CLEVELAND - Boaters attacked by leaping carp near Chicago.
All kinds of other fish and aquatic bugs mysteriously vanishing
Sound like a cheesy science-fiction flick?
No, just more horror stories in the making for dozens of
U.S. and Canadian researchers as they try to anticipate
how the ever-changing biological picture underneath the
surface of the Great Lakes will continue to unfold.
The occasion is an international symposium the U.S. Environmental
Protection Agency and Environment Canada have held on even-numbered
years since 1994, called the State of the Lakes Ecosystem
This yearís event, which began yesterday at the Cleveland
Convention Center, gives the two nations a forum to pause
and reflect on 30 years of cleanup efforts since former
President Richard Nixon and former Prime Minister Pierre
Trudeau signed the landmark Great Lakes Water Quality Agreement
in April, 1972.
That year was a watershed for environmental regulation because
Mr. Nixon - the president who created the U.S. EPA - also
signed the domestic Clean Water Act.
That legislation, the basis for Americaís water pollution
laws, was signed in October, 1972.
Few people deny the Great Lakes are slowly recovering, but
the pace continues to frustrate officials as new issues
emerge, old ones resurface, and money becomes tighter.
Take bighead Asian carp, a species of fish that has migrated
north along the Mississippi River and into the Chicago River.
Officials fear itís poised to enter Lake Michigan and spread
across the Great Lakes, despite efforts to keep it out.
At 40 to 50 pounds, itís a whopper of a fish. Itís sensitive
to vibrations and has, at times, leapt out of water and
thrust itself missile-like at boaters caught by surprise.
When itís not flying through the air, itís robbing native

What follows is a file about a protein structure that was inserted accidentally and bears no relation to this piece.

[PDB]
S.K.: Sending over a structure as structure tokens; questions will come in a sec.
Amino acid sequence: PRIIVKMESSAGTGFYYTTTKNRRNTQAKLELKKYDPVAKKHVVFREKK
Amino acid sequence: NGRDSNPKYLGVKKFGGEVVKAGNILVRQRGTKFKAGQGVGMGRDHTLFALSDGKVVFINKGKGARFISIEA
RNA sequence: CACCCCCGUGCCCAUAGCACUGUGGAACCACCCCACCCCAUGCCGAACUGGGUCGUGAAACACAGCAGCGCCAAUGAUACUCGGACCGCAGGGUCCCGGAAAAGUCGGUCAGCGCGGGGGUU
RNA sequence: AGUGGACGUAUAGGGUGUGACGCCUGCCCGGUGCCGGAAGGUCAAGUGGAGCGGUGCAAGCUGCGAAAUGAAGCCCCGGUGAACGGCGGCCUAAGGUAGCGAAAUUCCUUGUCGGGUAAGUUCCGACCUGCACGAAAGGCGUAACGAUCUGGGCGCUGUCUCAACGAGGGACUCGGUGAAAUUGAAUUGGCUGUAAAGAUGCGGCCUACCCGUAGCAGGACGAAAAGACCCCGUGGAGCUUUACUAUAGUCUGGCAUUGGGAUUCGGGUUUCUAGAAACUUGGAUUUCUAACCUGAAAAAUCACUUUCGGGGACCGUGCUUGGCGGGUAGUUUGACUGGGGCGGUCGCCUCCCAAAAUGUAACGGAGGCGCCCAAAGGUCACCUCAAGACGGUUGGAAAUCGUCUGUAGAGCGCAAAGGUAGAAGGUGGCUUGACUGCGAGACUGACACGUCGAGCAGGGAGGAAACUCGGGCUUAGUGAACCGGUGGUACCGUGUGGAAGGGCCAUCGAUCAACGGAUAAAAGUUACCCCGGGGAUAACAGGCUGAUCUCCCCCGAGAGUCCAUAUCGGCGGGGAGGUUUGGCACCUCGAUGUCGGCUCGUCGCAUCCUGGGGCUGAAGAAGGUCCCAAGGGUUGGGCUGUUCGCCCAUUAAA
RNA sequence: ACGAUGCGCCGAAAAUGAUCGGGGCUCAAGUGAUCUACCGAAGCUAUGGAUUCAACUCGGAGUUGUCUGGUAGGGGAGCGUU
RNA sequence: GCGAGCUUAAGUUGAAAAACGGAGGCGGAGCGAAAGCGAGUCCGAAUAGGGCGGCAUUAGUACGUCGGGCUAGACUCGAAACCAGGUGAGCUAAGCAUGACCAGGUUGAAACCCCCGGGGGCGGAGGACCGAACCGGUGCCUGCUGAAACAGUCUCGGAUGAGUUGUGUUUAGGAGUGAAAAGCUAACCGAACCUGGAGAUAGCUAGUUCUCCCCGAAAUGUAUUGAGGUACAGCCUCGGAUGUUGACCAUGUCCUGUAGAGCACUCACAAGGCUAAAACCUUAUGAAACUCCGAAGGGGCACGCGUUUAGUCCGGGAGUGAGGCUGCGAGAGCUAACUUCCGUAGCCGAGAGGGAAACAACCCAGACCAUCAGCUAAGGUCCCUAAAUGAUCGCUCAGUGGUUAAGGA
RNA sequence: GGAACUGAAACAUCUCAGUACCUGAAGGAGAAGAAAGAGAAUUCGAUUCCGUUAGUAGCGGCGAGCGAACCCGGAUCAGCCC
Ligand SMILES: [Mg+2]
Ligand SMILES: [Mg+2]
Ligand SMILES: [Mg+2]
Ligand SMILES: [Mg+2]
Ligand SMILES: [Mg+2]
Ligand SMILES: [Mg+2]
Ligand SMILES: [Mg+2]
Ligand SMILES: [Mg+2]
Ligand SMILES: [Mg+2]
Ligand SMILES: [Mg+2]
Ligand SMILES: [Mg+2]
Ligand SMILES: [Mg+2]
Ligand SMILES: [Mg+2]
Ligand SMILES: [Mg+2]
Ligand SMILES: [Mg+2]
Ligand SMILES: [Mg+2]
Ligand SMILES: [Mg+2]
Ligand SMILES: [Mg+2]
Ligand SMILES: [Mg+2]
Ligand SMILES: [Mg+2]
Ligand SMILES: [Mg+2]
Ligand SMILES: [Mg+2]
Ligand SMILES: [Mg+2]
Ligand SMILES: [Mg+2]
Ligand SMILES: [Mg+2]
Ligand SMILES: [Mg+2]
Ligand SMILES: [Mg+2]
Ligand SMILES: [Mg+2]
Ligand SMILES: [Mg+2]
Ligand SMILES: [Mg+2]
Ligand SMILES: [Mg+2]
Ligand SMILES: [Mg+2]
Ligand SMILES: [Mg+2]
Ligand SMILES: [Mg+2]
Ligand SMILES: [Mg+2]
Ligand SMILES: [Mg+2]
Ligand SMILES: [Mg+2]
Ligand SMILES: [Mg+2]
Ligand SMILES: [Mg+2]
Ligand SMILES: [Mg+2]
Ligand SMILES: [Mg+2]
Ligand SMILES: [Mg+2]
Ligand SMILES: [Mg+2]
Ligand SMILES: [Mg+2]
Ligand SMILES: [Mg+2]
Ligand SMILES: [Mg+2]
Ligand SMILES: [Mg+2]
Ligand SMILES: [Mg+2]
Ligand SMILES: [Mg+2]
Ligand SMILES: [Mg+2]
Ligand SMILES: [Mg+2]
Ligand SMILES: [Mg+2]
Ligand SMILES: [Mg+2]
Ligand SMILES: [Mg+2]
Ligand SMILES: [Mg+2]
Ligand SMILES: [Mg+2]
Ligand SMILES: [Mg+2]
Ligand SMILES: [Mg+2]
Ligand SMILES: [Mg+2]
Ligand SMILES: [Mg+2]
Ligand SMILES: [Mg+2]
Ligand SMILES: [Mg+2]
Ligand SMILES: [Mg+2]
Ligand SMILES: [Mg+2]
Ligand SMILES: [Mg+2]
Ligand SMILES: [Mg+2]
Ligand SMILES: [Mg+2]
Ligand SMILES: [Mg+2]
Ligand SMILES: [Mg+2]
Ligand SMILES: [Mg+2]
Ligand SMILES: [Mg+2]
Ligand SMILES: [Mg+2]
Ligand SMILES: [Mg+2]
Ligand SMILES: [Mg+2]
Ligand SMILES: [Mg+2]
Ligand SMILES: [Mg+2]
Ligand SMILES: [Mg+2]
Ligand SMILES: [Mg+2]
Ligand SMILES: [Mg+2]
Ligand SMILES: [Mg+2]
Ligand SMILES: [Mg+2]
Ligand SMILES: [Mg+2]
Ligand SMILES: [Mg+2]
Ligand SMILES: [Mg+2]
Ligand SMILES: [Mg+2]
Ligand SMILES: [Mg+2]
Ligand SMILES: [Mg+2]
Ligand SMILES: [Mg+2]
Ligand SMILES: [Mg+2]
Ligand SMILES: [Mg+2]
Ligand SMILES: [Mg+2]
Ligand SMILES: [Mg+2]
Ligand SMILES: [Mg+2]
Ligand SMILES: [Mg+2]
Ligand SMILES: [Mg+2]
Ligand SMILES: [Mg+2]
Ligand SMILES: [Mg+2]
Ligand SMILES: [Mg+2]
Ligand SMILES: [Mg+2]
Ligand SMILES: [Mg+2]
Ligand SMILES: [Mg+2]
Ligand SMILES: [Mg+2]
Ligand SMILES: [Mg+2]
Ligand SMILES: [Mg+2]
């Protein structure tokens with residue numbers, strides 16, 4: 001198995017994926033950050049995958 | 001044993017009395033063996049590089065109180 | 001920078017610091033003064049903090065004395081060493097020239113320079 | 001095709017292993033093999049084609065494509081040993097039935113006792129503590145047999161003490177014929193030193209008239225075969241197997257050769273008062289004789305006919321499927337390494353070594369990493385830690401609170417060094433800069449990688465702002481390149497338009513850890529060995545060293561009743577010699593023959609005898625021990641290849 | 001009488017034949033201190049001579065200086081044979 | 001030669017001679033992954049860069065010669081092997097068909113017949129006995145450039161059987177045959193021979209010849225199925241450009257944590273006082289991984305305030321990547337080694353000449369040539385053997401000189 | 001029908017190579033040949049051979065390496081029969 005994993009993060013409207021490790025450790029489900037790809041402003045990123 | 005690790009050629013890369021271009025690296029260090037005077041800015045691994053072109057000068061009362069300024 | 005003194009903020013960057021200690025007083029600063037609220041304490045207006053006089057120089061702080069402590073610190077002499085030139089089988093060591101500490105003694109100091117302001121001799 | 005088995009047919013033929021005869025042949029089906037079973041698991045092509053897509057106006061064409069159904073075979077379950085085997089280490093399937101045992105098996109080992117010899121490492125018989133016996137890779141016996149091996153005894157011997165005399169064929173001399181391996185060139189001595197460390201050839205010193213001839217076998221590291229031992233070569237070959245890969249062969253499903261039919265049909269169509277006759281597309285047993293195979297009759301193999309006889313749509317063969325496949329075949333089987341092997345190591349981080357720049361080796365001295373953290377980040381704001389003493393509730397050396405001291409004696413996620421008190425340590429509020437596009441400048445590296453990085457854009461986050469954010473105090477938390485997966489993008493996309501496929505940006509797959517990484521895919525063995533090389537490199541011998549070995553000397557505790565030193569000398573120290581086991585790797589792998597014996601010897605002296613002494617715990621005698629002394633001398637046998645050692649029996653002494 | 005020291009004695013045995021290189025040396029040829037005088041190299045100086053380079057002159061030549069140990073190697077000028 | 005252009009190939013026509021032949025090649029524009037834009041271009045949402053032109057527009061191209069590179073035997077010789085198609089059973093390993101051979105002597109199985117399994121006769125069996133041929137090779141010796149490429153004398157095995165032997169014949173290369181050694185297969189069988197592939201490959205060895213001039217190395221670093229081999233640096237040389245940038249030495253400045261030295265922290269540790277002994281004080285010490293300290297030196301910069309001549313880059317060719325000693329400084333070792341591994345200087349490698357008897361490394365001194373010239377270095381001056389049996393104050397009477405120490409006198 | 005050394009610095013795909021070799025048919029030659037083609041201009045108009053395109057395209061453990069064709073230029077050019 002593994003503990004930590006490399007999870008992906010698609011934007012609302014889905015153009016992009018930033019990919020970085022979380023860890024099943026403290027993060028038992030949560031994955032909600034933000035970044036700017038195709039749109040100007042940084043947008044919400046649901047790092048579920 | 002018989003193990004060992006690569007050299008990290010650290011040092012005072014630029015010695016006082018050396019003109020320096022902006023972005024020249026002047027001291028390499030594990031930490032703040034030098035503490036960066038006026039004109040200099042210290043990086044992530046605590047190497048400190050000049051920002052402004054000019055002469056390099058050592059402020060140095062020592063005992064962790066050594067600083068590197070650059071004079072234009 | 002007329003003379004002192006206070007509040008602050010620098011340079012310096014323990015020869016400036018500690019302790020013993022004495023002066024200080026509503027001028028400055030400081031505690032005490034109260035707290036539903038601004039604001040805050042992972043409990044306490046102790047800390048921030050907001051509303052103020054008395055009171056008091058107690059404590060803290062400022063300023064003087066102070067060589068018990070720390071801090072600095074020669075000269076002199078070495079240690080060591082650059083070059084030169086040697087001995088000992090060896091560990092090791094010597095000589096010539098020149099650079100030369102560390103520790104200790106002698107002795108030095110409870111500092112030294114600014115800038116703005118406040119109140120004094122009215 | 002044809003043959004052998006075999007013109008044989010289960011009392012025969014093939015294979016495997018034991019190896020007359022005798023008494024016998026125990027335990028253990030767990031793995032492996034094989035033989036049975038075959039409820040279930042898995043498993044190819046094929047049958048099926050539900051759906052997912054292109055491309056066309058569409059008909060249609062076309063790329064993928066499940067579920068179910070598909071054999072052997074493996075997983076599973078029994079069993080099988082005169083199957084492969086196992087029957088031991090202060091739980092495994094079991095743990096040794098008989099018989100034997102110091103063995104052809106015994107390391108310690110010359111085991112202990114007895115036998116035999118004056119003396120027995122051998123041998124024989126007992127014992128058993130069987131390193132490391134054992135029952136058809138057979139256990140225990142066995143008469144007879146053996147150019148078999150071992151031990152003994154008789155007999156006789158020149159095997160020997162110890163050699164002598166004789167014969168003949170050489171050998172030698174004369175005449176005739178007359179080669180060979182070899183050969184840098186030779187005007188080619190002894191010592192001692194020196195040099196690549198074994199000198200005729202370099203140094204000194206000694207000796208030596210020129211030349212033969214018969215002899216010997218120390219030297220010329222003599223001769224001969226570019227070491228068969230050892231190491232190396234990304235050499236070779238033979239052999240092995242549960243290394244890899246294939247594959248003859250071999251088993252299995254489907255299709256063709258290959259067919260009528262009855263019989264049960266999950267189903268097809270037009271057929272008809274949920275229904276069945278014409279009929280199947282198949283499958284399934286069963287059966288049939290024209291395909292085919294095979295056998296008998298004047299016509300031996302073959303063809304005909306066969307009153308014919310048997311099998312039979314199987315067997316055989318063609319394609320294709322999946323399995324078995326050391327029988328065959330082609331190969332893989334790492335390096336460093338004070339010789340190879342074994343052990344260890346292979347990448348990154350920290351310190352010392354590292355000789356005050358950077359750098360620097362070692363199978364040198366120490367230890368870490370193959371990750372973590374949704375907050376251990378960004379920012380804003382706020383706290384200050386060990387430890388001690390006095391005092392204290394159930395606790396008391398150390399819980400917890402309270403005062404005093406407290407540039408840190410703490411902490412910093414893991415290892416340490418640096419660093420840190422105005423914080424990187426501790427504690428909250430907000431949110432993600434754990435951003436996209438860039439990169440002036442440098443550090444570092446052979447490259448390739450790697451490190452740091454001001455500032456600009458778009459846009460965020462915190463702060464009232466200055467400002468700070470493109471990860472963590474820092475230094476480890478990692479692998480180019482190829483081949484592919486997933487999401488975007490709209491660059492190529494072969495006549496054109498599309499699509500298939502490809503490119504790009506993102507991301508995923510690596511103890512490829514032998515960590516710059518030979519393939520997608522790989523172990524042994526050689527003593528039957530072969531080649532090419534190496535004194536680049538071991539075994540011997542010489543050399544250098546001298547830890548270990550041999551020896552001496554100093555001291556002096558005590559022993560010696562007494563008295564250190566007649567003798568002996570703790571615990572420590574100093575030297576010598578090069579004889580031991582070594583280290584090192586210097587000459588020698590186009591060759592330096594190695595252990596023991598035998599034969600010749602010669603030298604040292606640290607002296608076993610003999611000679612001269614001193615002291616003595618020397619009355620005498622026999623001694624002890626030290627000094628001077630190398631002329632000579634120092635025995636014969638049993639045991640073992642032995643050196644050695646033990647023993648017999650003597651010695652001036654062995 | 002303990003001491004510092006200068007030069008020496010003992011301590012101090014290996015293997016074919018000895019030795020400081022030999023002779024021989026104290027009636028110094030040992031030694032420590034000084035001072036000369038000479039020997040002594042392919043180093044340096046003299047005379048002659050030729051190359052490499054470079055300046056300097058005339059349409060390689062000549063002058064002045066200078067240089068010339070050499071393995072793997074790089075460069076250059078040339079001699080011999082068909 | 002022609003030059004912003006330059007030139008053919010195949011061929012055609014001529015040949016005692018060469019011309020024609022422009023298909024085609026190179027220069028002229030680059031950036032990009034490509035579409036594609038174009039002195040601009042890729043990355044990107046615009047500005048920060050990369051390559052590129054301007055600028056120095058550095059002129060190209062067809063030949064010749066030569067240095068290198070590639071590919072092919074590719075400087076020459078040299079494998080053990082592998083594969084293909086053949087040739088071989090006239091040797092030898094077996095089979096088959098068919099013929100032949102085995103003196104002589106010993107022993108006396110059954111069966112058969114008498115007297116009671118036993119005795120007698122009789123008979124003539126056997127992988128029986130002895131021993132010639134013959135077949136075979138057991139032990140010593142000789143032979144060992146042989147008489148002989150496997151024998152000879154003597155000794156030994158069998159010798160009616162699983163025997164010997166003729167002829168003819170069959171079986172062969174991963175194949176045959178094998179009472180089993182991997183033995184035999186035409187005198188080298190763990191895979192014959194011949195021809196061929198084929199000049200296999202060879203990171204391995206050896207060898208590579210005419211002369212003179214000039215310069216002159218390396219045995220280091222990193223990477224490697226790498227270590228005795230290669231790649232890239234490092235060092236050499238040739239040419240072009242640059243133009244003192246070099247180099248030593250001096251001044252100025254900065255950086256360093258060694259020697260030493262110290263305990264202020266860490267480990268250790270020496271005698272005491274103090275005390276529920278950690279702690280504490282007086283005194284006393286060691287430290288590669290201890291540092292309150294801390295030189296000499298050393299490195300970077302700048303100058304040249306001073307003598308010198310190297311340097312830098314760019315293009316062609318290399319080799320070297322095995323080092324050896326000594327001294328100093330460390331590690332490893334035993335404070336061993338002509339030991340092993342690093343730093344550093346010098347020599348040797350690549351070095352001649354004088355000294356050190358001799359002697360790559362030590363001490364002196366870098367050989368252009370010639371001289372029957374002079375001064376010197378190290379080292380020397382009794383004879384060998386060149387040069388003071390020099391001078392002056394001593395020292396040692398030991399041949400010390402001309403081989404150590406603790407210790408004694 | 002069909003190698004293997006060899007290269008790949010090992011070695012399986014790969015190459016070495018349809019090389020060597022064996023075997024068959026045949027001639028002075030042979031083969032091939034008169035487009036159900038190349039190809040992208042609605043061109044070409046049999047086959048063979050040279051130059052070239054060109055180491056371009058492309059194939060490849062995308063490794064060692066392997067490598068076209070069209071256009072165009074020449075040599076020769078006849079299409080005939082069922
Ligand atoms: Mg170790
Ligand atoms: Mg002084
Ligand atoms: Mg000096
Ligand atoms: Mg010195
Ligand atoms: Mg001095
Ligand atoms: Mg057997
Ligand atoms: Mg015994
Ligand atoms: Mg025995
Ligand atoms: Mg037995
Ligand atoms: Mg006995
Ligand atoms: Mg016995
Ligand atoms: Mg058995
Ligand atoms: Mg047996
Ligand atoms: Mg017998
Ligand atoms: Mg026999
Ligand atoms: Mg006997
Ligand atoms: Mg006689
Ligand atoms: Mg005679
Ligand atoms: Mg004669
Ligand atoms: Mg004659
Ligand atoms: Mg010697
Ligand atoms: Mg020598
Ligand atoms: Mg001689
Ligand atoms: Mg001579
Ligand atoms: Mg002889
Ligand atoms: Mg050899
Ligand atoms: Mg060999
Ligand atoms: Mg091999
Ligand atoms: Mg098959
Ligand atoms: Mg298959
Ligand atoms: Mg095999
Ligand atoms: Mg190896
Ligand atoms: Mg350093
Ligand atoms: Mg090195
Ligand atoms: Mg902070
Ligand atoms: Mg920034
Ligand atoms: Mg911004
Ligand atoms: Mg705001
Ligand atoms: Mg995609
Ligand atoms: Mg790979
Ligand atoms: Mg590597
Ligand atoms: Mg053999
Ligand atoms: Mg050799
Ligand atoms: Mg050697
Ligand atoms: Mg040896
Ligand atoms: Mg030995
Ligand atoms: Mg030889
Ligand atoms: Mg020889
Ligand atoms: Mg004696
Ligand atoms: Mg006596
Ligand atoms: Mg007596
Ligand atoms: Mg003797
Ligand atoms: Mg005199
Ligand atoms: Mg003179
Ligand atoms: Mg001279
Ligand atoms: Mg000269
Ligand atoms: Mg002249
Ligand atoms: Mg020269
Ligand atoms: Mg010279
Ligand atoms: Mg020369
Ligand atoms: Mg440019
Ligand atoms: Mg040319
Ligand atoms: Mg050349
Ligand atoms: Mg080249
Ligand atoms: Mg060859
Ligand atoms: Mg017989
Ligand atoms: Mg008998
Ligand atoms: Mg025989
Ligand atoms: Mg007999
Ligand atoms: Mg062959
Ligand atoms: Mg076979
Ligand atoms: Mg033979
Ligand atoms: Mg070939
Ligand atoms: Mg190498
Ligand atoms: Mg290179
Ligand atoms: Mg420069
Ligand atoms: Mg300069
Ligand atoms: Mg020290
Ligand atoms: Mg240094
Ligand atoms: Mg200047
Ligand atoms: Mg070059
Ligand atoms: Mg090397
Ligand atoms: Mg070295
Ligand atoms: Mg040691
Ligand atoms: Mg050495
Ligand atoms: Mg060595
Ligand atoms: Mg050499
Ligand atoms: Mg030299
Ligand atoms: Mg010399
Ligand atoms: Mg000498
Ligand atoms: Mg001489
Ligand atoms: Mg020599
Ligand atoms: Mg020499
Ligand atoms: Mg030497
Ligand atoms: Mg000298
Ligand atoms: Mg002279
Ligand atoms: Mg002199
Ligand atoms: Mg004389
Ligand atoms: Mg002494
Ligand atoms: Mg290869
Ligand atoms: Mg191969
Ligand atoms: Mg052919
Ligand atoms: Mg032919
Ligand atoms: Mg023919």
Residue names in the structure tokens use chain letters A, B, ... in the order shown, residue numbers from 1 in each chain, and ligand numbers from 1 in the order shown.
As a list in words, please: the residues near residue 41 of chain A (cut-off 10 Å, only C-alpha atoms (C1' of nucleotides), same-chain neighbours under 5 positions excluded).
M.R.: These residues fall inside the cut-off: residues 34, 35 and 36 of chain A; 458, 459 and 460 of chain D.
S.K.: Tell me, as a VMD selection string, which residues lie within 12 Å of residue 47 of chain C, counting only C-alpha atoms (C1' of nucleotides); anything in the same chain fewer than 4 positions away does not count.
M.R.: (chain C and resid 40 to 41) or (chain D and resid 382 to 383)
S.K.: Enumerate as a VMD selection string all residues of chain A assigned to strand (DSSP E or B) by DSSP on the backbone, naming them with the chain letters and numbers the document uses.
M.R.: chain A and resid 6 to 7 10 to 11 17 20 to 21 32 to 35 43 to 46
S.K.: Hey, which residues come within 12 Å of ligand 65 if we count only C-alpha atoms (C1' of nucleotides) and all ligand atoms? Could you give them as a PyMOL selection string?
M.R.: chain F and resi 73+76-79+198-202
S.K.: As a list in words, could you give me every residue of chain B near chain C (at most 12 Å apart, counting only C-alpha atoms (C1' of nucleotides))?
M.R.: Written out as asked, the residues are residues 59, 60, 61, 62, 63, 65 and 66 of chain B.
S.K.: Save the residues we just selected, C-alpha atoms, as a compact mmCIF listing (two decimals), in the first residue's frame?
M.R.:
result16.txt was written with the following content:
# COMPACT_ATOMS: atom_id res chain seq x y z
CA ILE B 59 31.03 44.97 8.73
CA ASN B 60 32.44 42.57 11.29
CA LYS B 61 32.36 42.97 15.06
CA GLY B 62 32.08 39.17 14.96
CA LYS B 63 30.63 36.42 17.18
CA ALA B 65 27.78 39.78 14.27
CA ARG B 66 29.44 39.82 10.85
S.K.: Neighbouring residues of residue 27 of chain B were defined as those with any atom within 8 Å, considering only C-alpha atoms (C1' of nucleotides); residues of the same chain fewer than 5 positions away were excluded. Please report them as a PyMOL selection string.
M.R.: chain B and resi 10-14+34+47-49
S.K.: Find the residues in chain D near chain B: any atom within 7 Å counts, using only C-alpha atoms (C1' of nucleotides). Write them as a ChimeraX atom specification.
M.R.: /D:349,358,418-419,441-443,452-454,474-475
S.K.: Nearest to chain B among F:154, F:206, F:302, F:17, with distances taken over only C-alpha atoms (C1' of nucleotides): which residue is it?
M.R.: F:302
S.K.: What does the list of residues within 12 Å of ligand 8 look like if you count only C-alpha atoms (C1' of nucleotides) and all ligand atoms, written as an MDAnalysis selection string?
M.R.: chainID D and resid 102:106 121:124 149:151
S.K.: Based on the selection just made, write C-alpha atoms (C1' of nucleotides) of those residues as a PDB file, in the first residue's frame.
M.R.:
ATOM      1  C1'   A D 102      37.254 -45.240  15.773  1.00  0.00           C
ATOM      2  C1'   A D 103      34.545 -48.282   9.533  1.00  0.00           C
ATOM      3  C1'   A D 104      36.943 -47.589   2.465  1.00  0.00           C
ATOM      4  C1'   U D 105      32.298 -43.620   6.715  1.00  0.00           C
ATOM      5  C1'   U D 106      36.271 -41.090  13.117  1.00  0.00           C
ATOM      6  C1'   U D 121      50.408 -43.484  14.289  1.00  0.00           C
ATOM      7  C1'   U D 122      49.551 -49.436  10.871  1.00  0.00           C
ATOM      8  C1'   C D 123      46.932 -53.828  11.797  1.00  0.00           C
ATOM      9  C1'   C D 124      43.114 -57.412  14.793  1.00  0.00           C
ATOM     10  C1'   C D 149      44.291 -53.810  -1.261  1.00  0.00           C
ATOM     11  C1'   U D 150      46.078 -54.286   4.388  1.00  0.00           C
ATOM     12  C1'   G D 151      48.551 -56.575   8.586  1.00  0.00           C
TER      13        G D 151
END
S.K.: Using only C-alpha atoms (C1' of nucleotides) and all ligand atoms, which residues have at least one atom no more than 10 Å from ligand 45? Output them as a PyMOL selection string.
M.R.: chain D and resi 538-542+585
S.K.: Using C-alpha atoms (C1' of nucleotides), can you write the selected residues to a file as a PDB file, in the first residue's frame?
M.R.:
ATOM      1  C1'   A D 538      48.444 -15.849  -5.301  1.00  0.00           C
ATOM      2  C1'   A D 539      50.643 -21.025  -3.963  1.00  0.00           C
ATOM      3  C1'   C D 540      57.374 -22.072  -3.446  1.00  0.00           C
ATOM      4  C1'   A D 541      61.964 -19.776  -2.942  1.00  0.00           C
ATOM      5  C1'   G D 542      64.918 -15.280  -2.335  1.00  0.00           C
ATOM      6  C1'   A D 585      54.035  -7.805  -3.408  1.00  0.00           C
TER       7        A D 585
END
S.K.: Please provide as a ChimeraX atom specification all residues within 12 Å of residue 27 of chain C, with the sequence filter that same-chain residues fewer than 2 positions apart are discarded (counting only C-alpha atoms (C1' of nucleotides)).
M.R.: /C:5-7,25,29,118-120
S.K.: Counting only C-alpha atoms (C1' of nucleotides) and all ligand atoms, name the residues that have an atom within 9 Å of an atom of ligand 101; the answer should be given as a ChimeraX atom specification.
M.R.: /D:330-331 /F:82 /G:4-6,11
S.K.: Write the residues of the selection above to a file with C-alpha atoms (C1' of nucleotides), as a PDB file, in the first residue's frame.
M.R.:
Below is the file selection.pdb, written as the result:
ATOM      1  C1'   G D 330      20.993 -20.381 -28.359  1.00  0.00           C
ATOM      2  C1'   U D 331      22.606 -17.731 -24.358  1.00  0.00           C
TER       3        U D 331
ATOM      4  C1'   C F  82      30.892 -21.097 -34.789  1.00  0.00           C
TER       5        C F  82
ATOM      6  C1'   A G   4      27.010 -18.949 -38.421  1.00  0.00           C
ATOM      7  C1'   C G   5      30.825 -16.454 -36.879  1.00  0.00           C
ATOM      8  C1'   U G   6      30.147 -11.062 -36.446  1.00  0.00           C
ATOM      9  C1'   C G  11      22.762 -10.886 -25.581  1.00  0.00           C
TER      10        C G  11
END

sport fish of their food and being an ecological pest, officials
The carp were brought to North America by some Arkansas
hatcheries 20 years ago to eat algae, but escaped confinement
in the early 1990s and have been making their way up the
Though several reportedly were caught in Lake Erie two summers
ago, officials believe any problem in that lake was miniscule
compared to what could be on the horizon.
Asian carp could someday replace the zebra mussel as a biological
pest symbol - a notorious feat, no doubt, considering that
146 types of unwelcome fish and plants from other continents
have made their way into the Great Lakes since the 1830s,
Tom Skinner, administrator of the U.S. EPAís Midwest regional
office and manager of that agencyís Great Lakes National
Program Office, said the only possible benefit may be the
carpís ability to shock people with its "cartoon quality,"
something which could open the eyes of laymen to the seriousness
of invasive species.
"You can talk to people about zebra mussels until you are
blue in the face, but carp jumping into boats could have
a galvanizing effect," he said.
Then there is Lake Erieís mysterious dead zone, that area
of dormant pockets in the lakeís central basin, from Sandusky
to Erie, Pa., where fish and aquatic bugs no longer live
because of a sudden loss of oxygen in the water.
Scientists spent a great deal of energy this summer trying
to diagnose the problem. Gnawing at them is the question
of whether the dead zone is a fluke - a temporary setback
- or a symptom of a larger problem re-emerging.
"We take the Lake Erie dead zone issue rather personally.
The agency has put a lot of work into improving Lake Erie,"
Mr. Skinner said.
John Mills, Environment Canadaís regional director general
for Ontario, said he believes the primary goal Mr. Nixon
and Mr. Trudeau set forth for the Great Lakes in 1972 was
achieved by sewage plant improvements and better farming
techniques that led to a dramatic reduction in phosphorus,
a nutrient found in human waste and fertilizers.
Reducing phosphorus curbed Lake Erieís widespread algae
problem, although small blooms of a potentially toxic variety
known as microcystis have reappeared almost annually in
warm, shallow areas since the mid-1990s.
Mr. Mills said the dead zone emerging in Lake Erieís central
basin is troubling news to Canada, as well. "Itís really
the extent and magnitude of it that raises eyebrows," he
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